Biden himself claims that restoring the Iran nuclear deal is one of his administration’s “main diplomatic goals,” but the moves being made don’t seem to line up with this position.
“Overall, his position remains exactly what it has been, which is that if Iran comes into full compliance with its obligations under the JCPOA, the United States would do the same. And then use that as a platform to build a larger and stronger agreement that also addresses other areas of concern.”
The Biden administration is acting as though they’re just making a reasonable request, but it is important to remember that the sanctions on Iran are killing innocent civilians, and it was the US who broke the deal, not Iran. Granted, that happened under a different administration, but if you were an Iranian official, how willing would you be to re-enter such a deal under such conditions, especially considering how the US has handled these kinds of situations in the past? Our history with Iran itself, and indeed that entire region of the world, gives little reason to assume good intentions on our part.
A look at the people involved gives some clues as to why such an apparent contradiction between the stated goals of the administration and their actions might exist. Writer Gareth Porter points out in The Grayzone that “Biden’s foreign policy team is comprised largely of Obama administration officials,” who “seem to have forgotten how Iran used 20 percent enrichment to get the United States to drop its sanctions” during the earlier administration’s watch. Porter notes that Iran’s persistence led then-Secretary of State John Kerry to give up on a demand “to retain language that would allow the United States to reimpose sanctions deep into the implementation of the agreement.” Porter also warns that the situation has changed, and that there are “serious risks” in the path being pursued:
“In its bid to coerce a state that is fighting for its most basic national rights into submission, the Biden administration has exhibited a stubborn refusal to acknowledge the limits of U.S. power. The Trump administration’s ‘maximum pressure’ campaign has already prompted Iran to establish military capabilities that it previously lacked.”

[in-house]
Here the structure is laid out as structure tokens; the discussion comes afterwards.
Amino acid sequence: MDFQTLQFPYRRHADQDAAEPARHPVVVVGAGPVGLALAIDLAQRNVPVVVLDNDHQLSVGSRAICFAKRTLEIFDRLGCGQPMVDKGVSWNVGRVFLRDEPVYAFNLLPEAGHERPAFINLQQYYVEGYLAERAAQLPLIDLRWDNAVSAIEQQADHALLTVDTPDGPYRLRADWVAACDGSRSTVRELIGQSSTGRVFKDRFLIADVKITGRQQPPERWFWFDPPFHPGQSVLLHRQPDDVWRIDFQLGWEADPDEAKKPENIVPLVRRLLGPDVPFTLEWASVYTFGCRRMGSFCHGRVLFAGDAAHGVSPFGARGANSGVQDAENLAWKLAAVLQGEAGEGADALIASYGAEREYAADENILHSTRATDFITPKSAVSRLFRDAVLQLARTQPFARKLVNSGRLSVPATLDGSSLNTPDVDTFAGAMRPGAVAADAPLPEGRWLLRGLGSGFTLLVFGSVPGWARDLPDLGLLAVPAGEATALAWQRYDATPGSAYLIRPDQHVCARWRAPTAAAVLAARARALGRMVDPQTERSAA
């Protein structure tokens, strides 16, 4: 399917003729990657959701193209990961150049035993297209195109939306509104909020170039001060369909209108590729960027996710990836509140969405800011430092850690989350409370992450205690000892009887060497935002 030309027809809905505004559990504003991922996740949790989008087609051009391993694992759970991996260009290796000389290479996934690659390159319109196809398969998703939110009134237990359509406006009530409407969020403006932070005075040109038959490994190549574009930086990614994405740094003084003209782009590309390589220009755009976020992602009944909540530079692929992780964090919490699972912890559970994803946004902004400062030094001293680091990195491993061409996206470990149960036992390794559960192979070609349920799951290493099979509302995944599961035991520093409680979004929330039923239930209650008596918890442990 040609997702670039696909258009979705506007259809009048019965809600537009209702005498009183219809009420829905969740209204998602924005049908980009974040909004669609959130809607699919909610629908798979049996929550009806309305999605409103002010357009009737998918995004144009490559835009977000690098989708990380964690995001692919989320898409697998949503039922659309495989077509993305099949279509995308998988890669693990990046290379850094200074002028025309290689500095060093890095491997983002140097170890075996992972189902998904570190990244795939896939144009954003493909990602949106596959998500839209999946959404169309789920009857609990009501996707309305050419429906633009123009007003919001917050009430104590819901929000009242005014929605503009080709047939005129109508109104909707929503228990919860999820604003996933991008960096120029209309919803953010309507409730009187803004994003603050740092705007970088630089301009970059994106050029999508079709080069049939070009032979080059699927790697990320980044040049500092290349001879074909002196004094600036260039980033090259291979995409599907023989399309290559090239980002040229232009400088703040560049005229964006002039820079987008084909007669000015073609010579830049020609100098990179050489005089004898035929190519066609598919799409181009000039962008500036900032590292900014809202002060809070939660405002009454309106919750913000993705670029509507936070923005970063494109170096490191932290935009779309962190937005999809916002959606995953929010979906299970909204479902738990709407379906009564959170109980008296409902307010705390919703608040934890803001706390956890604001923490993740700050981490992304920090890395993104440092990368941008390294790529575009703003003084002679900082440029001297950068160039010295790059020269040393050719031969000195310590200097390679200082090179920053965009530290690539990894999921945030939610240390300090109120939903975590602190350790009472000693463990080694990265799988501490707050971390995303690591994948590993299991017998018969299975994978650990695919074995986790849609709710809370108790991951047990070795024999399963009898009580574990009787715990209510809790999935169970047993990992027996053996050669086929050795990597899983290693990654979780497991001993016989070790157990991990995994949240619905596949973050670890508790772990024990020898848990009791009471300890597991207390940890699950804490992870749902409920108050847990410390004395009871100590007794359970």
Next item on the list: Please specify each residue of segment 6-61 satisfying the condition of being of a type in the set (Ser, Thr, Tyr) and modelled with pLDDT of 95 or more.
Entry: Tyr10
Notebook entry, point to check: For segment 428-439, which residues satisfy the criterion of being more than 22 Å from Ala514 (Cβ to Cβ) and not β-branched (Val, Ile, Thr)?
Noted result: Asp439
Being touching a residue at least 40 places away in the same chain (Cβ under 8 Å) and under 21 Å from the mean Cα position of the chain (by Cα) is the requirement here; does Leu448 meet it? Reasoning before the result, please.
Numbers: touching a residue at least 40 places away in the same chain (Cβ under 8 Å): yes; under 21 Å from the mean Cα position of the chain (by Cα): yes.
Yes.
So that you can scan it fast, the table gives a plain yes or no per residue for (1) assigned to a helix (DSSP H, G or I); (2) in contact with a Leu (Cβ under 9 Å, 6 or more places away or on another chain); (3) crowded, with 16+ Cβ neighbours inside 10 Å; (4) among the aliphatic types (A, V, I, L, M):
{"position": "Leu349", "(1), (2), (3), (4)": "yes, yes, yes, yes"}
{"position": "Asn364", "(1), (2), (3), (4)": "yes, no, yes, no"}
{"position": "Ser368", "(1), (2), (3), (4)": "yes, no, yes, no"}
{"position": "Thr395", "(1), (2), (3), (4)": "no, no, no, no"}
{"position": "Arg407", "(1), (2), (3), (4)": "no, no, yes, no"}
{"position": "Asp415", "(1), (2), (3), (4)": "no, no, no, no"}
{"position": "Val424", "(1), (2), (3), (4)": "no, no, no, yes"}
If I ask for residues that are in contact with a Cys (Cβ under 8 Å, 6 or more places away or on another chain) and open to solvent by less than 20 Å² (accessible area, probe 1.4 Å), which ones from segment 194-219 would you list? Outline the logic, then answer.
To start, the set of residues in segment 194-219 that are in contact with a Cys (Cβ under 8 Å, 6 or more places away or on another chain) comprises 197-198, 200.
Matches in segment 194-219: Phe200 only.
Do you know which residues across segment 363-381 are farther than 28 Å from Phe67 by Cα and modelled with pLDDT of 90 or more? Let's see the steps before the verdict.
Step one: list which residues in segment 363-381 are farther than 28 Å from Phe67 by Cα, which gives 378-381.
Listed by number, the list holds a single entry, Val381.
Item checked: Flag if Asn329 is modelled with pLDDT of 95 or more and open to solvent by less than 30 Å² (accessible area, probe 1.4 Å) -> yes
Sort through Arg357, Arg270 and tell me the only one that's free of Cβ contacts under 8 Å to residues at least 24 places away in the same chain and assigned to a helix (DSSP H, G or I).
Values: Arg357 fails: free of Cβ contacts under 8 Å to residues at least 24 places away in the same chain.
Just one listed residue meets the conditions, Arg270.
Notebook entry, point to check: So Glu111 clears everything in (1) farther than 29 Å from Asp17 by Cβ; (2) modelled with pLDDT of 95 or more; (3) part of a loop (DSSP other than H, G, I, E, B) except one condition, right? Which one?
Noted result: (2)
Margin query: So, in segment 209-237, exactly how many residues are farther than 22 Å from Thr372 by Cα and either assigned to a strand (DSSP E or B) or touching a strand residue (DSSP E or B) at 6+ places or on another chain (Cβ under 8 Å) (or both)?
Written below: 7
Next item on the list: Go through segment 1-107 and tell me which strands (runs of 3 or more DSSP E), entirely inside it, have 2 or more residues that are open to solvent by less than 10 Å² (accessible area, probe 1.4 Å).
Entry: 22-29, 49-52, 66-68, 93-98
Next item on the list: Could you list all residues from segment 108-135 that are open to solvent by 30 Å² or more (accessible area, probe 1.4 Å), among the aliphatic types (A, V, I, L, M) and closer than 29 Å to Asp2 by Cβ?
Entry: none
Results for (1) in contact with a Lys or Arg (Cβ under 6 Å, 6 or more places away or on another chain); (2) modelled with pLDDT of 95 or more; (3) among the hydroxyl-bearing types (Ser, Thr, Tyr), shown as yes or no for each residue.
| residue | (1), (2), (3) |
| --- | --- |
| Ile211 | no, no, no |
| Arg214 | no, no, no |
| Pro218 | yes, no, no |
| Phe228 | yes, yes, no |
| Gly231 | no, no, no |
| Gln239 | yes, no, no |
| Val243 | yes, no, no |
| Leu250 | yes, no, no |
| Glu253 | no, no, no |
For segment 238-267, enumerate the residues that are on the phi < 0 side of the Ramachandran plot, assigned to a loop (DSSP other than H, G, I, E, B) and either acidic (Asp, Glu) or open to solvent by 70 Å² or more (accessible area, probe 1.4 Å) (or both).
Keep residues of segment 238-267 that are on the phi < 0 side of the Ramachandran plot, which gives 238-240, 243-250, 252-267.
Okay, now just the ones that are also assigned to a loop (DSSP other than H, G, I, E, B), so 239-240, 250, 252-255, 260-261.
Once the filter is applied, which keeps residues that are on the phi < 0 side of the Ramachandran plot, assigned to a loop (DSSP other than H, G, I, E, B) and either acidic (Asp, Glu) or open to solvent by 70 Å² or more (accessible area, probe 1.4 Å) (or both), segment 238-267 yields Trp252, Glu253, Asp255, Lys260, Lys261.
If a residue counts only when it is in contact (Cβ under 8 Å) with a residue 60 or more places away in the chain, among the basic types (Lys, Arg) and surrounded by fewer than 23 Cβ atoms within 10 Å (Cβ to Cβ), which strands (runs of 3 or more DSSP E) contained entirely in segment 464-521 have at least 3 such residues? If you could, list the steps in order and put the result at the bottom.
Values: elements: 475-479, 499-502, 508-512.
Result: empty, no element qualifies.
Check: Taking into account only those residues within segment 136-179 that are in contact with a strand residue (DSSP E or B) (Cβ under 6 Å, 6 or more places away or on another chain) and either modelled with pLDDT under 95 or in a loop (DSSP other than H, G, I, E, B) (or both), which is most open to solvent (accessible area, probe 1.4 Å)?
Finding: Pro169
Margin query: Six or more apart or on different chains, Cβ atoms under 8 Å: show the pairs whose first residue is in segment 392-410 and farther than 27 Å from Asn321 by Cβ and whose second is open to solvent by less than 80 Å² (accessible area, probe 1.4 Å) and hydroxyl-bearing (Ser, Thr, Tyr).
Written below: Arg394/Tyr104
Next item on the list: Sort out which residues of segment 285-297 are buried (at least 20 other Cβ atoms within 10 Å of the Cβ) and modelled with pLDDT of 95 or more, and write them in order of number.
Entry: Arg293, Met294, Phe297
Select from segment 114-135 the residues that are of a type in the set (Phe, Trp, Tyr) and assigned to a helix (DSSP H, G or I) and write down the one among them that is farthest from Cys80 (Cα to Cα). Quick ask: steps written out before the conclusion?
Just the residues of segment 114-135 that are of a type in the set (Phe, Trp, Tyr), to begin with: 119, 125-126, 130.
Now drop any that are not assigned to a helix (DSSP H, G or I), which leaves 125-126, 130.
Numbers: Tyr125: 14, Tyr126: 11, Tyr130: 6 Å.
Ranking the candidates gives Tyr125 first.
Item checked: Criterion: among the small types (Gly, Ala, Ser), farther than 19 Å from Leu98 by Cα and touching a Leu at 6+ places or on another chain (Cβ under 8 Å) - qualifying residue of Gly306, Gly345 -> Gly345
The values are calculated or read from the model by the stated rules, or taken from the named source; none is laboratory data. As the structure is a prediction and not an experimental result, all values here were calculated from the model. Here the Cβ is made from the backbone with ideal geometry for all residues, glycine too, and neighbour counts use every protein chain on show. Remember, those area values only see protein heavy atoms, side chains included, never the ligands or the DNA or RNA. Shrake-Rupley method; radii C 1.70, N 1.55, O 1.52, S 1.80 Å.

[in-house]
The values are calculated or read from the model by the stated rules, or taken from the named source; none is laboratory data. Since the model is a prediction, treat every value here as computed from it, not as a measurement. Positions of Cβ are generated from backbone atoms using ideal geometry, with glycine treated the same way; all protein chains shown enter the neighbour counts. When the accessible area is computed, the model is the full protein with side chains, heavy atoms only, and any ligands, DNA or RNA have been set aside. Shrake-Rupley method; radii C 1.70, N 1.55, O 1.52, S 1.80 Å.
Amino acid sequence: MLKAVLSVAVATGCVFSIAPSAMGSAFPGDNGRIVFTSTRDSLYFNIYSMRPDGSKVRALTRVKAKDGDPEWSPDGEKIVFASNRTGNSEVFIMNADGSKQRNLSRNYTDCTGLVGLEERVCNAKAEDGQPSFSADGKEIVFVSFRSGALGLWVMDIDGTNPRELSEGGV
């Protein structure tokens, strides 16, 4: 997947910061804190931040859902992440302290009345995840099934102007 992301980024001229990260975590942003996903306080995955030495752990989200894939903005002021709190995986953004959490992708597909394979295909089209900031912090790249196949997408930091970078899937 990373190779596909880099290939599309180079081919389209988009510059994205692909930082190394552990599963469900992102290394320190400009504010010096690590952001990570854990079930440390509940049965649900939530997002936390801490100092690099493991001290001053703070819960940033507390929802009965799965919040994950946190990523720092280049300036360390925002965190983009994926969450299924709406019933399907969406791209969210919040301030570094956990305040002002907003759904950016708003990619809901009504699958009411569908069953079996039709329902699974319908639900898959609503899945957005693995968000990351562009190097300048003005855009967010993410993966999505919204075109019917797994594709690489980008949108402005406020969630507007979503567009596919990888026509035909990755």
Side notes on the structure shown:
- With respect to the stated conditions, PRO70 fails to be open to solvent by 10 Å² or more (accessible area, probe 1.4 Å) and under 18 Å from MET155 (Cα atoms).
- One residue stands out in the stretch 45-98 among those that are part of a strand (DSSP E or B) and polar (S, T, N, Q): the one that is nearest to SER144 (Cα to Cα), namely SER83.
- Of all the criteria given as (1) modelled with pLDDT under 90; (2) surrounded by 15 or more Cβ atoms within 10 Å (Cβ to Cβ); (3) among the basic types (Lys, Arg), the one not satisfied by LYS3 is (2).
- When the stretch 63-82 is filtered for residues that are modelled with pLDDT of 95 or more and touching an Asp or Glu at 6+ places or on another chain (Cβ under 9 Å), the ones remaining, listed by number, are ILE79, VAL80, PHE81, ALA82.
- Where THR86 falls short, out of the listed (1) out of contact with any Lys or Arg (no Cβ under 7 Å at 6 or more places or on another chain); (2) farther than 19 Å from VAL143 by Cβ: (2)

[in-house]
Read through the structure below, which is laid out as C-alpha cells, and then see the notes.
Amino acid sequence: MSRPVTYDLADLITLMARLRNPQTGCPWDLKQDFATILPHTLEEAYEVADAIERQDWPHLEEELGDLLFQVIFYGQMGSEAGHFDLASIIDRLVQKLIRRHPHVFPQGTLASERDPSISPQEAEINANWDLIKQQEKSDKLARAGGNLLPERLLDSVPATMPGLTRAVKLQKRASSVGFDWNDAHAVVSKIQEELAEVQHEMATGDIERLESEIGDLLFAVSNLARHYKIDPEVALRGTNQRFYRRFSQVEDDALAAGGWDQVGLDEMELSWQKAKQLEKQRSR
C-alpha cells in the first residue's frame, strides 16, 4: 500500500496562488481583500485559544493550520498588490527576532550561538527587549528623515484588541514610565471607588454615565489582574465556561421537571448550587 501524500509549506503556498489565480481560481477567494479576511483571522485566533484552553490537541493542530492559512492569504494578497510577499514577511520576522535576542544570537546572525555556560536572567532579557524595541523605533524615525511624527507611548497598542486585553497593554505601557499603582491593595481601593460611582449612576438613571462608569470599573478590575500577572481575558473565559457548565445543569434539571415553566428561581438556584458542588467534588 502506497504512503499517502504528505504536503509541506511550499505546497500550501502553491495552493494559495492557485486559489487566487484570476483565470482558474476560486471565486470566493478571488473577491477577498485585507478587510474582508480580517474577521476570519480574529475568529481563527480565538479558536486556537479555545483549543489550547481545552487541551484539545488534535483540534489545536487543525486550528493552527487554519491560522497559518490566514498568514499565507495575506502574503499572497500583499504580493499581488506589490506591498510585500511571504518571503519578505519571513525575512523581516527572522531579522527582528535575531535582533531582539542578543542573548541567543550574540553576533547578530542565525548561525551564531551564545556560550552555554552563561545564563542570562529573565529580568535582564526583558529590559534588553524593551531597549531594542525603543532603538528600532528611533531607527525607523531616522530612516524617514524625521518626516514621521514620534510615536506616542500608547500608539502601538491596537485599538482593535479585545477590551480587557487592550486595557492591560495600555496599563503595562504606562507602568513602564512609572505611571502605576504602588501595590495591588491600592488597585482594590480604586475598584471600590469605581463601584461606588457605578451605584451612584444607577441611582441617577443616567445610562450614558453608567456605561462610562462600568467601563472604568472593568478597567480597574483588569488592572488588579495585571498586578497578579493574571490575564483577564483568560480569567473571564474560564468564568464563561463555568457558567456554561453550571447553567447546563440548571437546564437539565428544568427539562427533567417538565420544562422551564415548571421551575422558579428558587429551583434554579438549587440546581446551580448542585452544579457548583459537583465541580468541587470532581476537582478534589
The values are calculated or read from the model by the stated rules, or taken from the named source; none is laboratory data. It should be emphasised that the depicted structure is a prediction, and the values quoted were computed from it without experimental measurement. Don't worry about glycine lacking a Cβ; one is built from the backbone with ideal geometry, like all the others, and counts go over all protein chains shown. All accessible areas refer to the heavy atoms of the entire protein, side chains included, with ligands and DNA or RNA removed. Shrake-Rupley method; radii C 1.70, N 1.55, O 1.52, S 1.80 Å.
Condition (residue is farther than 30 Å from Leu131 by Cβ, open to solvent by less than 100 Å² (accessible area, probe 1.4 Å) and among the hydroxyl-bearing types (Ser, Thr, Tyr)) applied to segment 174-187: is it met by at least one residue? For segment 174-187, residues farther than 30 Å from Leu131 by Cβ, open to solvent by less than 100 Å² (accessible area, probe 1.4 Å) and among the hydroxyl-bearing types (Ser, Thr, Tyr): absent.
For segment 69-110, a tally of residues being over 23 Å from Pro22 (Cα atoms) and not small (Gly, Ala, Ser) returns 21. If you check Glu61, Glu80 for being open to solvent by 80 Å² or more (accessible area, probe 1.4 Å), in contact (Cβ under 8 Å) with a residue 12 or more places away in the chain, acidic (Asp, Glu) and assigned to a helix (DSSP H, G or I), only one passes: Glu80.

The appointment of Rob Malley as special envoy to Tehran could be taken as an encouraging sign, as he has shown himself to be less hawkish than most of Biden’s team. However, Secretary of State Antony Blinken has asked Malley specifically to bring in “more hawkish” people to his negotiating team, and Malley himself told Axios in January that although “certain steps would increase the pressure” on the administration to return to the Iran deal, “there comes a point at which more pressure might mean that the Biden administration will change course as well.”
Anyone familiar with Blinken is likely not surprised to see him pushing for more aggression. As Daniel Larison wrote in a post on Responsible Statecraft: “Blinken has agreed with some of the biggest foreign policy mistakes that Biden and Obama made, and he has tended to be more of an interventionist than both of them.”
It should also be mentioned that pressure from Israel and Saudi Arabia is likely to be playing a role in the Biden administration’s stance on this issue.
As for Iran, their leadership has made it clear that the “US must lift all sanctions” before they would consider an agreement. Iranian officials have also argued that their actions “were taken within the framework of the deal’s dispute resolution clause,” and that the US should make the first moves to return to the deal, as it was the US who walked away from it.
Lifting the sanctions is not only the right thing to do, it seems like a necessary step if Biden truly wishes to return to the deal, much less build on it.